Really, at the beginning he states "we popped some pills and picked up a BMW". I read that as "we did drugs and stole a car". He's going after Hunter's style, but falls short. Lilliputian short. Don't take him seriously.

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4. Derek Lowe on August 1, 2007 5:47 AM writes...

I figured that if the whole thing were made up, it would have been more interesting. And as for giving him a stage, I think this guy does a lot more traffic than I do already, unfortunately. . .

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5. A-non-y-mous on August 1, 2007 6:58 AM writes...

"I think this guy does a lot more traffic than I do already"

I refuse to believe this.

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6. Anonymous on August 1, 2007 7:46 AM writes...

I don't think I've ever seen a large vat labeled "Poison" in a manufacturing facility. I wonder if it was bubbling? Were there tentacles and eyeballs floating in it? Genentech must be scaling up from their pilot plant in Innsmouth, just down the road from Miskatonic University.

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7. Anonymous on August 1, 2007 7:48 AM writes...

I don't think I've ever seen a large vat labeled "Poison" in a manufacturing facility. I wonder if it was bubbling? Were there tentacles and eyeballs floating in it? Genentech must be scaling up from their pilot plant in Innsmouth, just down the road from Miskatonic University.

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8. GATC on August 1, 2007 9:20 AM writes...

Reminds me of some of the current reasoning in the anthropogenic global warming controversy. For something really scary, check out this link:

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9. SRC on August 1, 2007 11:38 AM writes...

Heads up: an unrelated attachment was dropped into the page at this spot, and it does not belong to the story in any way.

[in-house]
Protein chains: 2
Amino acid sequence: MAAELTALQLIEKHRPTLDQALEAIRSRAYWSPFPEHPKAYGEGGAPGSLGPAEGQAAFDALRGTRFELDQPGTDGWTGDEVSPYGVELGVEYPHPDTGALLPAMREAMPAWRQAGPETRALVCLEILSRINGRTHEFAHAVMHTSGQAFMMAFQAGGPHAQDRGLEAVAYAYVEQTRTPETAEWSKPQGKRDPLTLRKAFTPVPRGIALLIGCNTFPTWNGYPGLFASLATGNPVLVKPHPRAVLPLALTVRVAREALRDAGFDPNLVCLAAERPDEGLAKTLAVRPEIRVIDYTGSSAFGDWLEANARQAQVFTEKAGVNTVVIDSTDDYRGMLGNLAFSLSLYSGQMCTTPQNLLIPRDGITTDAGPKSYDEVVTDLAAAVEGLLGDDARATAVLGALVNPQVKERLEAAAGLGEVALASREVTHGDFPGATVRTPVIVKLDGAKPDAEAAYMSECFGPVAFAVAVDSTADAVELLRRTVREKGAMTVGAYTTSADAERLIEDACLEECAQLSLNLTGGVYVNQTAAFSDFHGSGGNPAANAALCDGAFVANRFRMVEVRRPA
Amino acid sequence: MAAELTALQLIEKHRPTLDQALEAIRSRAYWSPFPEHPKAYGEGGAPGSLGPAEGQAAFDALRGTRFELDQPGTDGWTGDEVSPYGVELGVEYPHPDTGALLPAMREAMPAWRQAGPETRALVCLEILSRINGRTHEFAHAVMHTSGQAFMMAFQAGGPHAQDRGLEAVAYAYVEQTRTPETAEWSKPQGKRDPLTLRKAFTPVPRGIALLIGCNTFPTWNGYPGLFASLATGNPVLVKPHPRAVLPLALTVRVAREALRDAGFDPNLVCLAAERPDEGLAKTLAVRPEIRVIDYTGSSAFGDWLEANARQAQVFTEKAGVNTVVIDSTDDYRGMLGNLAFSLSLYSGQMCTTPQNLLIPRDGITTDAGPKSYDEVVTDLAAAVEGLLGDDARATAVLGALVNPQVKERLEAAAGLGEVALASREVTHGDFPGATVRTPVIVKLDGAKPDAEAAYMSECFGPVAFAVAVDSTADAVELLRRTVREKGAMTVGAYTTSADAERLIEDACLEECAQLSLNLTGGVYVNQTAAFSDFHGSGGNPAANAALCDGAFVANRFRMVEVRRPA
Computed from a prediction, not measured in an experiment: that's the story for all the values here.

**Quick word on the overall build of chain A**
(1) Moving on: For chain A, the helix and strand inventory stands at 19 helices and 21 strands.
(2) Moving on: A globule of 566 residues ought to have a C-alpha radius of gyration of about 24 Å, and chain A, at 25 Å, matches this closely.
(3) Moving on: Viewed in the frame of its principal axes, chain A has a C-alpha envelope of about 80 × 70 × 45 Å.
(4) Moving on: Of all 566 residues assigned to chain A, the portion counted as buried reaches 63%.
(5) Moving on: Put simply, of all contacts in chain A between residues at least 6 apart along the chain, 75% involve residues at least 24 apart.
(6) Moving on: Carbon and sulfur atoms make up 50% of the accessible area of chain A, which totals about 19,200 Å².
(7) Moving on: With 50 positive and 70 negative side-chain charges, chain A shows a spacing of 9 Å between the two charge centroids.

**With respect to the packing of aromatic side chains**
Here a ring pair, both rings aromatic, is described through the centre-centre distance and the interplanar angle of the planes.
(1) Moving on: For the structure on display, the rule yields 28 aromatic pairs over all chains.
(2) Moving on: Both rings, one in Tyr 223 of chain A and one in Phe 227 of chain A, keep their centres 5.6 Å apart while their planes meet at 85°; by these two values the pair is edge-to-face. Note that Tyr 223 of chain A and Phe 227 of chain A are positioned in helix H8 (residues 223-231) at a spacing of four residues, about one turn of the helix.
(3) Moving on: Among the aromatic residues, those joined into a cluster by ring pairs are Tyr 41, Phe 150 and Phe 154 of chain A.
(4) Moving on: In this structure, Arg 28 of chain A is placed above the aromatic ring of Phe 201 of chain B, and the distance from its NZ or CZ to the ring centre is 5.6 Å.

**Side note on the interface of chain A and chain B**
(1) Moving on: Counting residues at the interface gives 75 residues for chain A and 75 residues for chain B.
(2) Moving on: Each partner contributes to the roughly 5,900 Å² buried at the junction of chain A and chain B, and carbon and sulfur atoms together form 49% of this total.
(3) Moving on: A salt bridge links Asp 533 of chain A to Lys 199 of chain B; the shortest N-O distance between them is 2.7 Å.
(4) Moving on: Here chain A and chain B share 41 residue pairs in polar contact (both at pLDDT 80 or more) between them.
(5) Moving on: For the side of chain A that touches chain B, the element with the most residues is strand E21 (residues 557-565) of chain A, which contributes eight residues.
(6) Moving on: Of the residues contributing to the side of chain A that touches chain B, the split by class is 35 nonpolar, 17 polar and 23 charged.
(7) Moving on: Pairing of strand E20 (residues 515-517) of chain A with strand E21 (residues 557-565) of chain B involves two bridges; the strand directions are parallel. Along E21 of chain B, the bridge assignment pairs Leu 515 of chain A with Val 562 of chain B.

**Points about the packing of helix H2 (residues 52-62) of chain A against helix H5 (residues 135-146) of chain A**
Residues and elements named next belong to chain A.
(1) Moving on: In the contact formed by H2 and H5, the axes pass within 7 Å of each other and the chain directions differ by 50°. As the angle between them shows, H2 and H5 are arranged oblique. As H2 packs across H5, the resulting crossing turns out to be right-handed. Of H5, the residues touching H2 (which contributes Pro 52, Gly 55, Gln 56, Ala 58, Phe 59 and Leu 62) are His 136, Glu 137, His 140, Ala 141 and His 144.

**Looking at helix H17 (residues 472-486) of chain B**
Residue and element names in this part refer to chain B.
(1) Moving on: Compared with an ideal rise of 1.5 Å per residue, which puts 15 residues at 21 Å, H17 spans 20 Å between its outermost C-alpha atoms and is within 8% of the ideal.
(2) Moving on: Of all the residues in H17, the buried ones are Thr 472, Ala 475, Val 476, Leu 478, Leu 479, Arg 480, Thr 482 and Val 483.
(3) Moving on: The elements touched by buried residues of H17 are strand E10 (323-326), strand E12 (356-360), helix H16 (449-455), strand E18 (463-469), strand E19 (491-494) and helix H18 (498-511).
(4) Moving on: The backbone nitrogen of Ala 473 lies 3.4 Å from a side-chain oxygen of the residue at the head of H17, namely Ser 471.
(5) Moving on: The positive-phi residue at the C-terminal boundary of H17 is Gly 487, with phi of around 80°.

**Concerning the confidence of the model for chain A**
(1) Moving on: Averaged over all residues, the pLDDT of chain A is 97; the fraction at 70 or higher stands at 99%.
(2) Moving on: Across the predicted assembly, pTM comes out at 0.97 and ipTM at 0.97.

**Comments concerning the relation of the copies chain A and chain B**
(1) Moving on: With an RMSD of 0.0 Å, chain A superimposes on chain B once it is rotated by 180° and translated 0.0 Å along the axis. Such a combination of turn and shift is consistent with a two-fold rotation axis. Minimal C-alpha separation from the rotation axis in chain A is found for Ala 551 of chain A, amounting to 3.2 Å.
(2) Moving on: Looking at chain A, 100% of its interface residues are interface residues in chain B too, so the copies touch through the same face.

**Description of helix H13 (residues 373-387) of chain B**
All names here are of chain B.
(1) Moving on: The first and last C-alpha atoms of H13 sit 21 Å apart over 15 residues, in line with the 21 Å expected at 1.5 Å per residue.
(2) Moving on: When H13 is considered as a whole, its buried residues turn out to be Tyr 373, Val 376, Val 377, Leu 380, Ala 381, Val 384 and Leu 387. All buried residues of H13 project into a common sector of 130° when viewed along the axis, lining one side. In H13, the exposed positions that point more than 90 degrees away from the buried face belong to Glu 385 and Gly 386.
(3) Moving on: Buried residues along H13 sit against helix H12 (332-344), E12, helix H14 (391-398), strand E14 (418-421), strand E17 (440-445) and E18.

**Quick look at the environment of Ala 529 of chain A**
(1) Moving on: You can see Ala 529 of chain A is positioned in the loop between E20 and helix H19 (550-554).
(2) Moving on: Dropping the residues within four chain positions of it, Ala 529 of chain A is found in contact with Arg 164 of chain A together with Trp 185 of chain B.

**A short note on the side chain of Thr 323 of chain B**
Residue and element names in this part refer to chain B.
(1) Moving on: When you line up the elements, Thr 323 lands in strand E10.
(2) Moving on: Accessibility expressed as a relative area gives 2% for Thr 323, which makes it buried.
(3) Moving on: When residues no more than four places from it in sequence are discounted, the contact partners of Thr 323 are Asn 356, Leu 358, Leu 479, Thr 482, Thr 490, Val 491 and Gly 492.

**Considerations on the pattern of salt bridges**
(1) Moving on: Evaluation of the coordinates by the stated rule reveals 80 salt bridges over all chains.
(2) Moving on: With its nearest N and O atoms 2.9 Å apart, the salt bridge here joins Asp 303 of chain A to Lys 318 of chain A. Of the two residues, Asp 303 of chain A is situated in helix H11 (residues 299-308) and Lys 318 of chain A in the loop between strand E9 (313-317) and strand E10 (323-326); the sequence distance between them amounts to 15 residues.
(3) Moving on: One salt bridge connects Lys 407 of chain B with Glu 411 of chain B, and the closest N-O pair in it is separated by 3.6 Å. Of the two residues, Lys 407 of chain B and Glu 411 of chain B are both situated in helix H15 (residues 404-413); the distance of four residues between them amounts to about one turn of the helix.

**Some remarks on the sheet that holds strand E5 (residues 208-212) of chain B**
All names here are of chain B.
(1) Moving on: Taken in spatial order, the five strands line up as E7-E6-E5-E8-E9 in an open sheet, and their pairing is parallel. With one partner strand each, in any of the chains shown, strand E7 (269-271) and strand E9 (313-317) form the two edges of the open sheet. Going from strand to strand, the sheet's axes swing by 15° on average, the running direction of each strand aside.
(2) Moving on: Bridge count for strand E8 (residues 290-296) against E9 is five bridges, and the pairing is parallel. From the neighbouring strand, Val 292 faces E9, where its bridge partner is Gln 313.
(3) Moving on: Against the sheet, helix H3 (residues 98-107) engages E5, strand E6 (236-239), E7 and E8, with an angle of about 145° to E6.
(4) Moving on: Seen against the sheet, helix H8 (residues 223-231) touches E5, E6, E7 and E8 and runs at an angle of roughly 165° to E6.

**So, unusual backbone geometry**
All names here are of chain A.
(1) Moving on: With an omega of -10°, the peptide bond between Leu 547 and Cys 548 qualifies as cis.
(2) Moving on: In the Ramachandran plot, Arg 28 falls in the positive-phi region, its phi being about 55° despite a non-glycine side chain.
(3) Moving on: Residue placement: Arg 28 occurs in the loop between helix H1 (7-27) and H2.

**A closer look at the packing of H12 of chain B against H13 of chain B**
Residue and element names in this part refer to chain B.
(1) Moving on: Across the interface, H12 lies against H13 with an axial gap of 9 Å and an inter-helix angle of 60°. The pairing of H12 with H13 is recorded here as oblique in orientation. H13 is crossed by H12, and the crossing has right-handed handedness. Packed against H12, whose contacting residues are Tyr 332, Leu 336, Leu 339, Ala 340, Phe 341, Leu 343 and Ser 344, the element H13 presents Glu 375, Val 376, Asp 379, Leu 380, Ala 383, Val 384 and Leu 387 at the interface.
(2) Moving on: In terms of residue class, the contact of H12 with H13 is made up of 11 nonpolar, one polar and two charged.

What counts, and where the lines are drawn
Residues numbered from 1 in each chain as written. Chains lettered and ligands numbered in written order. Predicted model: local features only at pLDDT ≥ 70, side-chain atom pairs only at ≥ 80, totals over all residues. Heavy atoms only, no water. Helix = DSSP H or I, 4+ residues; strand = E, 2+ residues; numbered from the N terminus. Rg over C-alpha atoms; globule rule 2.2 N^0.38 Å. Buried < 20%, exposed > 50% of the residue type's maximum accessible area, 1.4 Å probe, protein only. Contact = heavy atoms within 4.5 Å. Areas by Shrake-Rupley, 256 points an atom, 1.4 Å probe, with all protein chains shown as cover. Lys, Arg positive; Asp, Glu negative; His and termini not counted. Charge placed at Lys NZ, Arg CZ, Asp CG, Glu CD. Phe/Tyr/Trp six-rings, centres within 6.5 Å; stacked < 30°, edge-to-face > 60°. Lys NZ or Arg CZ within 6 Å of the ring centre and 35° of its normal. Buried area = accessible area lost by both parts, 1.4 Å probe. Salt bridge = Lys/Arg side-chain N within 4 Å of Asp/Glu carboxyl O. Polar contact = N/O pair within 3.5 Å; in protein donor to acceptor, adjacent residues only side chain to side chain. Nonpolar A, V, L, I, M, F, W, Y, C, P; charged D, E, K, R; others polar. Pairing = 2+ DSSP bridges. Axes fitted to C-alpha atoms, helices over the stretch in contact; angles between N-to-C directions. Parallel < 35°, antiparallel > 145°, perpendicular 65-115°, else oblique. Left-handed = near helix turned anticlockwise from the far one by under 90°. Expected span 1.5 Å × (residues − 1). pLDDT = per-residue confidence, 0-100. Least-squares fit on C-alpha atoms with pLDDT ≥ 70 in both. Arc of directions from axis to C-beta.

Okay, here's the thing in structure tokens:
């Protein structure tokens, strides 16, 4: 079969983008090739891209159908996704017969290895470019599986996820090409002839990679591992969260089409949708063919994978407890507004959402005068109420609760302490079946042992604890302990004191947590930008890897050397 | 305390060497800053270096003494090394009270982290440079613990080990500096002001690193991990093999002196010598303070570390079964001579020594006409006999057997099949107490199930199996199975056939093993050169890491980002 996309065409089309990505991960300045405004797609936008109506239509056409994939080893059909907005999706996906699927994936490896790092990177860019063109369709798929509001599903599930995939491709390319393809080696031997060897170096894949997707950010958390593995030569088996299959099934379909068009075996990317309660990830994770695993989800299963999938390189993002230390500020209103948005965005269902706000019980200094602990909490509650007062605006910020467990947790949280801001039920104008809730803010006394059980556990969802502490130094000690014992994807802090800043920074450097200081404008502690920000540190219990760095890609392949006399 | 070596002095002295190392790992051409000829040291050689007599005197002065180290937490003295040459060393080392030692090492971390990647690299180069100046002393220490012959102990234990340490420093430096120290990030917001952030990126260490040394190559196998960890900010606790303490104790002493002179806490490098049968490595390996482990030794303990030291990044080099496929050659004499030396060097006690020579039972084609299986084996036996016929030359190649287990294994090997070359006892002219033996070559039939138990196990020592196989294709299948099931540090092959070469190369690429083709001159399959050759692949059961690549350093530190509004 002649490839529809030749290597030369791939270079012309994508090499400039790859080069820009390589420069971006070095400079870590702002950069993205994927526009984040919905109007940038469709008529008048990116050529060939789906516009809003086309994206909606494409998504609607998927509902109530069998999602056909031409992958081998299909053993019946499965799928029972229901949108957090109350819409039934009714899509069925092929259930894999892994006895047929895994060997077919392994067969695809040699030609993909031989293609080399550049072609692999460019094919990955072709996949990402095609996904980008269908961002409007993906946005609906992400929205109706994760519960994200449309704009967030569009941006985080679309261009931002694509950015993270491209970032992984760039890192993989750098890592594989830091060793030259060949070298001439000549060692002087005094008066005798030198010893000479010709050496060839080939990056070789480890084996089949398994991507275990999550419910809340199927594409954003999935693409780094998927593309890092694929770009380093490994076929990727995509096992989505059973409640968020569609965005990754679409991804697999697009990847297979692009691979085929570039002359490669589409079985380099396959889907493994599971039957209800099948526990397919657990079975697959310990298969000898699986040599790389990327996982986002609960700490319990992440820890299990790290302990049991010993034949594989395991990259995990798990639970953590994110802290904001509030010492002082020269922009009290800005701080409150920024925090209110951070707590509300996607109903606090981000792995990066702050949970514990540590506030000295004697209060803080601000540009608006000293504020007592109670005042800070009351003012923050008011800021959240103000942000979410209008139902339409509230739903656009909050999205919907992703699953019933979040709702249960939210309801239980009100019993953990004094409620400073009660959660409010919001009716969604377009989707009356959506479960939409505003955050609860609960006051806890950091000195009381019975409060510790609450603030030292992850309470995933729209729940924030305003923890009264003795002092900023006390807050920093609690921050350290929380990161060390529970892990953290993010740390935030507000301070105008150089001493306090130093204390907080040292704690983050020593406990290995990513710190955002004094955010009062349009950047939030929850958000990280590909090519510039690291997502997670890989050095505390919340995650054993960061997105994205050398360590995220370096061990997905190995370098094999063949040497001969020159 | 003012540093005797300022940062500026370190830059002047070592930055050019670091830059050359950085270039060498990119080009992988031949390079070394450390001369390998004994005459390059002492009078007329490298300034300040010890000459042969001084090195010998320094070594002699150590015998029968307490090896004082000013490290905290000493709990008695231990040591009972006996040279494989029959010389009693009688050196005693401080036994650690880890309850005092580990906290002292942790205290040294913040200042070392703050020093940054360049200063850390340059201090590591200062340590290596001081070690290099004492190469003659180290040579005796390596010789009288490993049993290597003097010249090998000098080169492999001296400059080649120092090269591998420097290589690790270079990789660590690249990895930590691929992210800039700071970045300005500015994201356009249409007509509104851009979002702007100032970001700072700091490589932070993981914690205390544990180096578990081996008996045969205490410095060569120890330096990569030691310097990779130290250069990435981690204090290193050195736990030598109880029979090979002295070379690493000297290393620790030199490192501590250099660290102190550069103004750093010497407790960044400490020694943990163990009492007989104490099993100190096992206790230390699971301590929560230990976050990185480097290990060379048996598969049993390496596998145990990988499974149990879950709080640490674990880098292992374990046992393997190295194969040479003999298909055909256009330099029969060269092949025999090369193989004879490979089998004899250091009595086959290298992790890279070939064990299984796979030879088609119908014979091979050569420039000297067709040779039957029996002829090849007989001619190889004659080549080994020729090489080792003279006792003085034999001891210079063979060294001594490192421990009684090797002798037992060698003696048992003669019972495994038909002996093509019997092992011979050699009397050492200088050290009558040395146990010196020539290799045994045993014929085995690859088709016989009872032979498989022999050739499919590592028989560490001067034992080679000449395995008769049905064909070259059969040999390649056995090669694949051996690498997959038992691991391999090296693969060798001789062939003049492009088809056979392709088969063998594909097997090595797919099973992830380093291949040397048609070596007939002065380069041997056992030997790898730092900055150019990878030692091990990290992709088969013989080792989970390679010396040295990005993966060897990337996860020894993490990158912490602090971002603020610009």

Can't be real. Where were the condensers with colored coolant circulating in them? Where was the dry ice in the beakers full of liquid? How come the Genentech scientist wasn't cackling maniacally as he planned to take over the earth?

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10. Sigivald on August 1, 2007 12:27 PM writes...

Anonymous: I can believe storage tanks with a "poison" placard, though - that's at least not implausible, though I don't know what the labeling requirements/practices are in that industry specifically.

It does read as pure fiction to me, at any rate. Especially the unsupported claims of "evil"; one would think someone trying to actually produce an exposé would be more specific about even one example of "evil".

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11. Wavefunction on August 1, 2007 2:22 PM writes...

Sensational-sounding slander always does a lot of traffic. Hardly surprising.

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12. Morten on August 1, 2007 4:51 PM writes...

Um... Honestly I think that piece is taking the piss on biotech/pharma-conspiratards. The line about how even though Genentech makes cures for cancer and cystic fibrosis and all the people that work there are really nice guys, you should never forget that the place is pure evil..? This guy is pulling your leg(s) guys.
And he does say in the very first line that he is ripping off Fear and Loathing.

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13. Tim on August 1, 2007 10:32 PM writes...

Actually, Morten, while Swartz took artistic license in places with the 'article', his sentiment is serious.

It should be noted that Swartz is approximately 22 years of age; his only claim to fame is winning the lottery and becoming associated with the founders of, a failed experiment in an users-as-editors content driven site. He was forced to quit or fired, incidentally. His attitude (it doesn't rise to the level of 'viewpoint') is typical of the early-twenties post-cynical-smarter-than-thou set. Despite, or perhaps because of this, his traffic stats almost certainly put Derek's to shame.

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14. kiwi on August 2, 2007 6:02 AM writes...

Don't forget, making profit is a crime to these people, along with corporations. Don't worry there is no hypocrisy, they also refine and lithograph their own silicon chips, in order to send signals along handmade copper wires to the local commune telecommunications centre, in order to spread their ideals